The quickest way to estimate a bearing’s lifespan and performance is by knowing all about the application load that will be placed on the bearing.
Engineers should think about bearing loads when designing a new application, tweaking an existing application, and especially after a bearing failure or malfunction.
A bearing load is defined as the force that’s transferred from one bearing ring, through some or all the rolling elements, to the other bearing ring.
Application loads generally transfer to the shaft and then to the bearing’s inner ring, then, to the outer ring.
A bearing supports many different load combinations but most types of application loads can be boiled down to these four main groups:
- Radial Loads
- Axial Loads
- Centrifugal Loads
This article will discuss these four types of application loads, how it affects the bearing and what bearing to choose that will best support the application load.
Bearing Radial Load
Bearing radial loads are forces that are perpendicular to the axis of the shaft, parallel to the bearing’s radius.
Some examples of a radial load on a bearing are the weight of a horizontal shaft assembly, gears, pullies or cutting tools.
When in operation, the shaft assembly pushes radially on the inner ring of the bearing transferring a load through the rolling elements to the outer ring.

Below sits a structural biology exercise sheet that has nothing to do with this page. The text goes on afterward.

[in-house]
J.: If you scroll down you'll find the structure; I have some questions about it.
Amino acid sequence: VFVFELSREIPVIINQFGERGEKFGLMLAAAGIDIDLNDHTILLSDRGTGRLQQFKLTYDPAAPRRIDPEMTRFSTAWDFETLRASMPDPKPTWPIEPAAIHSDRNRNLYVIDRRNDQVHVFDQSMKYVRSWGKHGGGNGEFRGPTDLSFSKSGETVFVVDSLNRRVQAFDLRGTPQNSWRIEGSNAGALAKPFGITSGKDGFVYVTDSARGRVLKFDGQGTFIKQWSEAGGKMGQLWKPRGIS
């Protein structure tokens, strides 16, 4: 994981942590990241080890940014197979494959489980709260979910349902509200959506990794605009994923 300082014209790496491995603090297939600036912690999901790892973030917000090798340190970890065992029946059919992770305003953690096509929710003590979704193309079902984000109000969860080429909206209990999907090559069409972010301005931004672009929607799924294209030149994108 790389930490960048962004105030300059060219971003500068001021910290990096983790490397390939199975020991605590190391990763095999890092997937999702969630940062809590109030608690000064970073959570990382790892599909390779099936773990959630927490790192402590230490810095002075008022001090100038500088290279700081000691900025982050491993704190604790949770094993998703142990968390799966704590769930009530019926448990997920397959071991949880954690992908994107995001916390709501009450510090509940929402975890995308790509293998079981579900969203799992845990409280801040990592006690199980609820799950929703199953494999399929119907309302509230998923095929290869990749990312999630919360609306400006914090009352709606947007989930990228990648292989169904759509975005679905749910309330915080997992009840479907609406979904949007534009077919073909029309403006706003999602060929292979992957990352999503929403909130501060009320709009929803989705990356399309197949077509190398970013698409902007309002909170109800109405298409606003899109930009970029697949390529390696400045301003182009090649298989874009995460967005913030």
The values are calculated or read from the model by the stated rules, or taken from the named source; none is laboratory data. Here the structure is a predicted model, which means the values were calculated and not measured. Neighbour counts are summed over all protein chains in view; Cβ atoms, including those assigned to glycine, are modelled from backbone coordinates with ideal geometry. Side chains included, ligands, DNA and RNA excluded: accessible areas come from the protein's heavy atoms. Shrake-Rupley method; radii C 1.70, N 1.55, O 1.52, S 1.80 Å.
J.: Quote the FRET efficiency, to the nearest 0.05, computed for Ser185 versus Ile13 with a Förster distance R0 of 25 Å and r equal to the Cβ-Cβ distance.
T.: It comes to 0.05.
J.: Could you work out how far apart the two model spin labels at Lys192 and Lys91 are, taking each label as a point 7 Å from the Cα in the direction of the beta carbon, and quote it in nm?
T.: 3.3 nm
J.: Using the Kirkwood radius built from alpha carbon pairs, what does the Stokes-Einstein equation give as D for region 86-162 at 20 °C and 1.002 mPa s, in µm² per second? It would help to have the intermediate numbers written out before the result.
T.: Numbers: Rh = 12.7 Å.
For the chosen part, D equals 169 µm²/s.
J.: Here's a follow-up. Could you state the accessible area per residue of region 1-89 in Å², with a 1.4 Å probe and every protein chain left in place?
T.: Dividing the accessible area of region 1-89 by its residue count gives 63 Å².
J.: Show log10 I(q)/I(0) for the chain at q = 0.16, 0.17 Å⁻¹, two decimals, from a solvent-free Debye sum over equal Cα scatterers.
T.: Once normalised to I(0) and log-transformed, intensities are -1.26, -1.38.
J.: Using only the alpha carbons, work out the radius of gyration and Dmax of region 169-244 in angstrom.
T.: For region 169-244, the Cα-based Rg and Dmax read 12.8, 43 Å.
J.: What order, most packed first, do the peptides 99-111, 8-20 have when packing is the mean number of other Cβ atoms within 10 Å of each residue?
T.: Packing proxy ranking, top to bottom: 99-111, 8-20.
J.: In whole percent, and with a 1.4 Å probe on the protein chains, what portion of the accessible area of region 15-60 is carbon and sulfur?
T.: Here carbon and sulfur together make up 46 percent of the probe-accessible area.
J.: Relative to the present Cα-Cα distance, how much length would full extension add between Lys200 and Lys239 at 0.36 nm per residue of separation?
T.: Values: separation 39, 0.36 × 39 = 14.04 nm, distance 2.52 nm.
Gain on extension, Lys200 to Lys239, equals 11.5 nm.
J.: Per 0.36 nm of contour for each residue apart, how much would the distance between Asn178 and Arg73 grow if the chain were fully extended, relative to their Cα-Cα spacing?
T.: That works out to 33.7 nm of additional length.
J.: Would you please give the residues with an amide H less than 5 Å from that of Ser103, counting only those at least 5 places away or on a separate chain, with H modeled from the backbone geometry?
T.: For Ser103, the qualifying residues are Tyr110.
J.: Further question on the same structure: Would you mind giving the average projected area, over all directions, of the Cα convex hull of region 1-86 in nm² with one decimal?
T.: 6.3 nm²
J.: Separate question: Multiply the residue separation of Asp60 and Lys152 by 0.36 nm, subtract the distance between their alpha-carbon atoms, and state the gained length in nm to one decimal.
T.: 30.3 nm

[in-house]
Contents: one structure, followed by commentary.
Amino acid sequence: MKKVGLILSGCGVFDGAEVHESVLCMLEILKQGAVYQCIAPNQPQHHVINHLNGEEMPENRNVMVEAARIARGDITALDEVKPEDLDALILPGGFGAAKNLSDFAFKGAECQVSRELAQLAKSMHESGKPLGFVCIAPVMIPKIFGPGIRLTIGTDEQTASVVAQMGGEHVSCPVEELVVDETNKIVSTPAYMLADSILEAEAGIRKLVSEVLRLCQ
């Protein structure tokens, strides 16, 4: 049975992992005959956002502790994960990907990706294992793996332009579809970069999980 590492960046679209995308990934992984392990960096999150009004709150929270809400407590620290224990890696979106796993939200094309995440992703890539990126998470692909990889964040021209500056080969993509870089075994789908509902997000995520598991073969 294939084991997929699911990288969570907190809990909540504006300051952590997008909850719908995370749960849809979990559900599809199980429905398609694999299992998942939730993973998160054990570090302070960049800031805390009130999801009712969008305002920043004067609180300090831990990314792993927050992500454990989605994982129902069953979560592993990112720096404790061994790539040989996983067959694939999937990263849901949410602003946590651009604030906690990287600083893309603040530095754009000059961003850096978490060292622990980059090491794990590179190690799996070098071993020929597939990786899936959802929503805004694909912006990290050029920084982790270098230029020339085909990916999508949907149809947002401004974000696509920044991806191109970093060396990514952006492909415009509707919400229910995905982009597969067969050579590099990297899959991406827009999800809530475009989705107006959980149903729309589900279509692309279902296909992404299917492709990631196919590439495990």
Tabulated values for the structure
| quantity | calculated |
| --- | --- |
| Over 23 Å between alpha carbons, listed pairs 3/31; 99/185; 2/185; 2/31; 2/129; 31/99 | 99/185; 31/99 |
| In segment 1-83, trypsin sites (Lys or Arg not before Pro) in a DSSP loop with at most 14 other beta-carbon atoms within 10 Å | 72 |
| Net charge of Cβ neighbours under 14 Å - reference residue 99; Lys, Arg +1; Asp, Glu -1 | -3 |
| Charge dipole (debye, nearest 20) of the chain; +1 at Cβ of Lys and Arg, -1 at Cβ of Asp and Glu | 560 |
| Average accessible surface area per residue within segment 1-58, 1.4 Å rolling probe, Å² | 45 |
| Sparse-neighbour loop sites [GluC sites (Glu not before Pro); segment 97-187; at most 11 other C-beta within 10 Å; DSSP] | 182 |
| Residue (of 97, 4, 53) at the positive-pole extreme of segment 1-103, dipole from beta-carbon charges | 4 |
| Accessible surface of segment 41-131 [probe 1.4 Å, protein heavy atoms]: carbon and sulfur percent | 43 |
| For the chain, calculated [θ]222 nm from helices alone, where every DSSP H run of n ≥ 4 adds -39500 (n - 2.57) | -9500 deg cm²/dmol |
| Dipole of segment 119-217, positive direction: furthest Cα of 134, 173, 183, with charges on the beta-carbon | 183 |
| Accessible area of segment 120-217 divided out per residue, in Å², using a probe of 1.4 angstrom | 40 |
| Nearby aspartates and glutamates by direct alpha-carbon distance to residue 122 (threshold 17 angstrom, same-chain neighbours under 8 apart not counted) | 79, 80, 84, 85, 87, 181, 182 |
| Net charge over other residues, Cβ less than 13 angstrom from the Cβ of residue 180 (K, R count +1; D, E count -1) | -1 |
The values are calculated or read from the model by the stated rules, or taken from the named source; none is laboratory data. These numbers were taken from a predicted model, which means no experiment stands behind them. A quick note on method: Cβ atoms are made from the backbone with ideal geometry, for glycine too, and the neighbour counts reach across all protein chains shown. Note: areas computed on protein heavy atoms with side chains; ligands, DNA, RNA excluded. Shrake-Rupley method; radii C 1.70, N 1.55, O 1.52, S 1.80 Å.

Radial loads don’t transfer force in an equal and uniform way onto the rolling elements.
Typically, you’ll see the distribution of force shaped like a bell curve.
The rolling element directly under the application load is usually the one that’s receiving the most force. Then each successive rolling element, in both directions, transfers less and less load to the other.
If your application will place a radial load on the bearing, then either a radial ball bearing or an angular contact bearing with a low contact angle will be a good bearing choice.
Bearing Axial Load
A bearing axial load is a force that acts parallel to the axis of the shaft, sometimes referred to as a thrust load.
Usually, you’ll find an axial load directly in line with the shaft, like a drill. Other times an axial load can be a reactive load offset from the shaft axis, like a bevel gear.
Axial loads transfer force in an equal, uniform way onto the rolling elements thereby creating a balanced load distribution.
Typically, you’ll see an equal distribution of forces on each ball. Because the balls contact the raceways at an angle the resultant forces will radiate outward and in line with the bearing axis.
If your application will place an axial load on the bearing, then an angular contact bearing with a higher contact angle around 25° will be a good bearing choice.
Just to add some complexity to this, axial loads that are offset from the center of the axis, like a bevel gear, have a “moment force” applied to the inner race. When a moment force is applied, the load distribution on the bearing’s rolling elements isn’t as uniform.
One special type of bearing axial load (or thrust load) is called preload.
Bearing preload is a predetermined load that is applied to a bearing and is separate from application loads. Adding a preload establishes an optimal synergy between the rolling elements and the bearing races.
Benefits of a bearing preload:
- Protects from excessive skidding
- Increases rigidity, decreases vibration and sliding friction
- High running accuracy – even if load conditions keep changing